The tradition of recycling in America dates back to the 19th century. Pieced quilts, dolls and rag rugs from old clothing, weathervanes made from scrap metal and wood, and windows made from re-fired used glass are a treasured legacy of our historical practice of recycling, upcycling and repurposing. With increased environmental concerns in recent years, salvaging and reusing discarded, broken and worn out materials has gained new respectability.
Artists have always seen lots of creative possibilities in found objects and recycled materials. Picasso fashioned a bull’s head from an old bicycle handlebar and seat. Alexander Calder made whimsical animals from coffee cans and wire hangers, while Louise Nevelson created evocative sculpture from scrap lumber. Using items as diverse as plastic or glass containers, discarded metal, reclaimed wood, used paper products, cast-off fabrics, bottle caps, tag sale jewelry and cracked pottery, a marvelous alchemy can be achieved as familiar substances transform into something unexpected. So, let’s talk trash!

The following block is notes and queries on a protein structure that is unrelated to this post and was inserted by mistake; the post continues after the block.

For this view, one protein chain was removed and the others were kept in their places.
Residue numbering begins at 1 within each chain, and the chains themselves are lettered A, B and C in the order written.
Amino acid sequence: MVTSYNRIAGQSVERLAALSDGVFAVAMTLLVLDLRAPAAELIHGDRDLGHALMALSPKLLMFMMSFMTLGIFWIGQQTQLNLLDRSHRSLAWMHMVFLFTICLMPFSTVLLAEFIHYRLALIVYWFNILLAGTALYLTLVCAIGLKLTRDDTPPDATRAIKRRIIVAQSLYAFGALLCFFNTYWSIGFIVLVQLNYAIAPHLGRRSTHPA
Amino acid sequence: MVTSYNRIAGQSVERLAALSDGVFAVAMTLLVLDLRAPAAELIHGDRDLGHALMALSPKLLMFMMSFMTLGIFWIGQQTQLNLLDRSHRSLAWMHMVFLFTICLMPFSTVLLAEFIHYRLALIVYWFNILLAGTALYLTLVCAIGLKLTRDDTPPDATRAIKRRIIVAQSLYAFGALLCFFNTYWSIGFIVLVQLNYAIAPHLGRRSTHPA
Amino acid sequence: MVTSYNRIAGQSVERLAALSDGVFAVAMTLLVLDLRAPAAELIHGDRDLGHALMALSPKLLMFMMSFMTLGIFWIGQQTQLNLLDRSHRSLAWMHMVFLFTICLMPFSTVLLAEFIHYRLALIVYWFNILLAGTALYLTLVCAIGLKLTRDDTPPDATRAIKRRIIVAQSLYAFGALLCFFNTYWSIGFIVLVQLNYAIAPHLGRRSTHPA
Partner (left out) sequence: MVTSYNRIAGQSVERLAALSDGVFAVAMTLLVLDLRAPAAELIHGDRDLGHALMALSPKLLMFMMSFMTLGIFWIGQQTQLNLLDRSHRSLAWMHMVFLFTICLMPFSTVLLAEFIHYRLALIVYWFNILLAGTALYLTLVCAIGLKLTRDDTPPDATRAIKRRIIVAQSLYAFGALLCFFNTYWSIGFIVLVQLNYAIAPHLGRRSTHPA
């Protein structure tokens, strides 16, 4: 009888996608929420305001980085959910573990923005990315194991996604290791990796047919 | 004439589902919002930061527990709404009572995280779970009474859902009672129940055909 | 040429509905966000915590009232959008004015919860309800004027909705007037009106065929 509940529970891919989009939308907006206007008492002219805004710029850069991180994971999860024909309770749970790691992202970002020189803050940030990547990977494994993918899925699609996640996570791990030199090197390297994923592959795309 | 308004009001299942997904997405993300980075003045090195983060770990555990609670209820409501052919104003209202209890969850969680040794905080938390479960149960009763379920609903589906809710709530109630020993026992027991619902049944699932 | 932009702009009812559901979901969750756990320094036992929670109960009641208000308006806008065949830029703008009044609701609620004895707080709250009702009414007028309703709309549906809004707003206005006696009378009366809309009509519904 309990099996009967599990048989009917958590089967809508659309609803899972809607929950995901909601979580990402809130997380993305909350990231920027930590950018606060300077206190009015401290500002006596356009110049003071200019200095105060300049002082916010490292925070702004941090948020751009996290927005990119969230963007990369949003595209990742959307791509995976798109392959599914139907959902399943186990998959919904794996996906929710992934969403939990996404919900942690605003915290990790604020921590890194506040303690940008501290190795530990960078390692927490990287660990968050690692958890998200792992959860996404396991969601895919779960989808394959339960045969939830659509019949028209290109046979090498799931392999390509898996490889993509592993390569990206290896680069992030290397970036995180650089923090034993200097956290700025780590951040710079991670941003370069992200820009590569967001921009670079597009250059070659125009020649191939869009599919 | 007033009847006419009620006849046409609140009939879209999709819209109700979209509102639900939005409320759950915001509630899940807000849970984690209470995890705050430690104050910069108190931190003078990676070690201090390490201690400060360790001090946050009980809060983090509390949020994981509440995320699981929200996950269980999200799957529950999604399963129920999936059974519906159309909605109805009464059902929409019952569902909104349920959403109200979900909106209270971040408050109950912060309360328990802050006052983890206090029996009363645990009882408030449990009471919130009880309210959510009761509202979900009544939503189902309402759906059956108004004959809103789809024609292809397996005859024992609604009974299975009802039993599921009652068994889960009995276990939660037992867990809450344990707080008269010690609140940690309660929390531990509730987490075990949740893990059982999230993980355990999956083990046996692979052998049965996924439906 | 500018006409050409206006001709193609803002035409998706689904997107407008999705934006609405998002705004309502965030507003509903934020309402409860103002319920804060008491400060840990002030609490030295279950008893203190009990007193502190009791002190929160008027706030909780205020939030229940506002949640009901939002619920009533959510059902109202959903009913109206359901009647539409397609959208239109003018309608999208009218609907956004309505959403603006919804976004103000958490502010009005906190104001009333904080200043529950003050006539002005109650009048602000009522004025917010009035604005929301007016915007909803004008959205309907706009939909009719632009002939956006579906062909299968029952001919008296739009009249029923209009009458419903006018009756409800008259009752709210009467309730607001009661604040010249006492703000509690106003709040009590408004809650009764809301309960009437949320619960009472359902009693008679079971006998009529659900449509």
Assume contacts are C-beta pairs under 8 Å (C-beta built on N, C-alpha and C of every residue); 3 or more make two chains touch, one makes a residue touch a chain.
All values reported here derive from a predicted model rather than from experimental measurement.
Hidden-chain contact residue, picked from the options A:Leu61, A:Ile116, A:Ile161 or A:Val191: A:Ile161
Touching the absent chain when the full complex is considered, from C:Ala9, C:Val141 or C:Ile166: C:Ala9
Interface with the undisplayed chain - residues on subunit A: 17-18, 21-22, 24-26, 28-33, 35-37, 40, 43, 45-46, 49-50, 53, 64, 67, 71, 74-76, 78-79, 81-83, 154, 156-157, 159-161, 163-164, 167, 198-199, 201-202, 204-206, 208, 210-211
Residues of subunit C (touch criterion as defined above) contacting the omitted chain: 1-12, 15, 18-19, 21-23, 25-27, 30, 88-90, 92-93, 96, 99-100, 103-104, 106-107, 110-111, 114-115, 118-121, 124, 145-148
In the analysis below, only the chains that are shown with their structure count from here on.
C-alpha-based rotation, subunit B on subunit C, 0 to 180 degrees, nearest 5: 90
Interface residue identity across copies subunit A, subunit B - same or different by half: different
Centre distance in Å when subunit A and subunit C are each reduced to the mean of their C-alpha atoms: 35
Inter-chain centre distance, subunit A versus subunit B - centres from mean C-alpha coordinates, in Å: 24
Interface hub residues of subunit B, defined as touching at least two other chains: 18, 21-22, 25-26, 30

All of the metal in James Kitchen’s imposing sculptures come from local farms, antiques stores, scrap yards, and occasionally a neighbor who leaves a pile of interesting objects in his driveway. Jillian Greg collects textured shells containing remnants of the sea, patinaed coins, ancient bells and tribal beads to fashion bold, one-of-a-kind jewelry. Karen Hibbs builds stunning glass panels around 350-million-year-old fossils – creatures like ammonites left over from the Cretaceous Period, as well as fossilized scarab beetles, fish and ferns. For pure whimsy as well as sophisticated folk art, take a look at Mimi Kirchner’s dolls, which incorporate cast-off fabric and found objects. The Sabbath candlesticks pictured here were fashioned from vintage china salt and pepper shakers and combined with polished pewter by Frann Addison. Lauren Pollaro could be the queen of repurposed materials, layering them in her jewelry and her abstract wall pieces.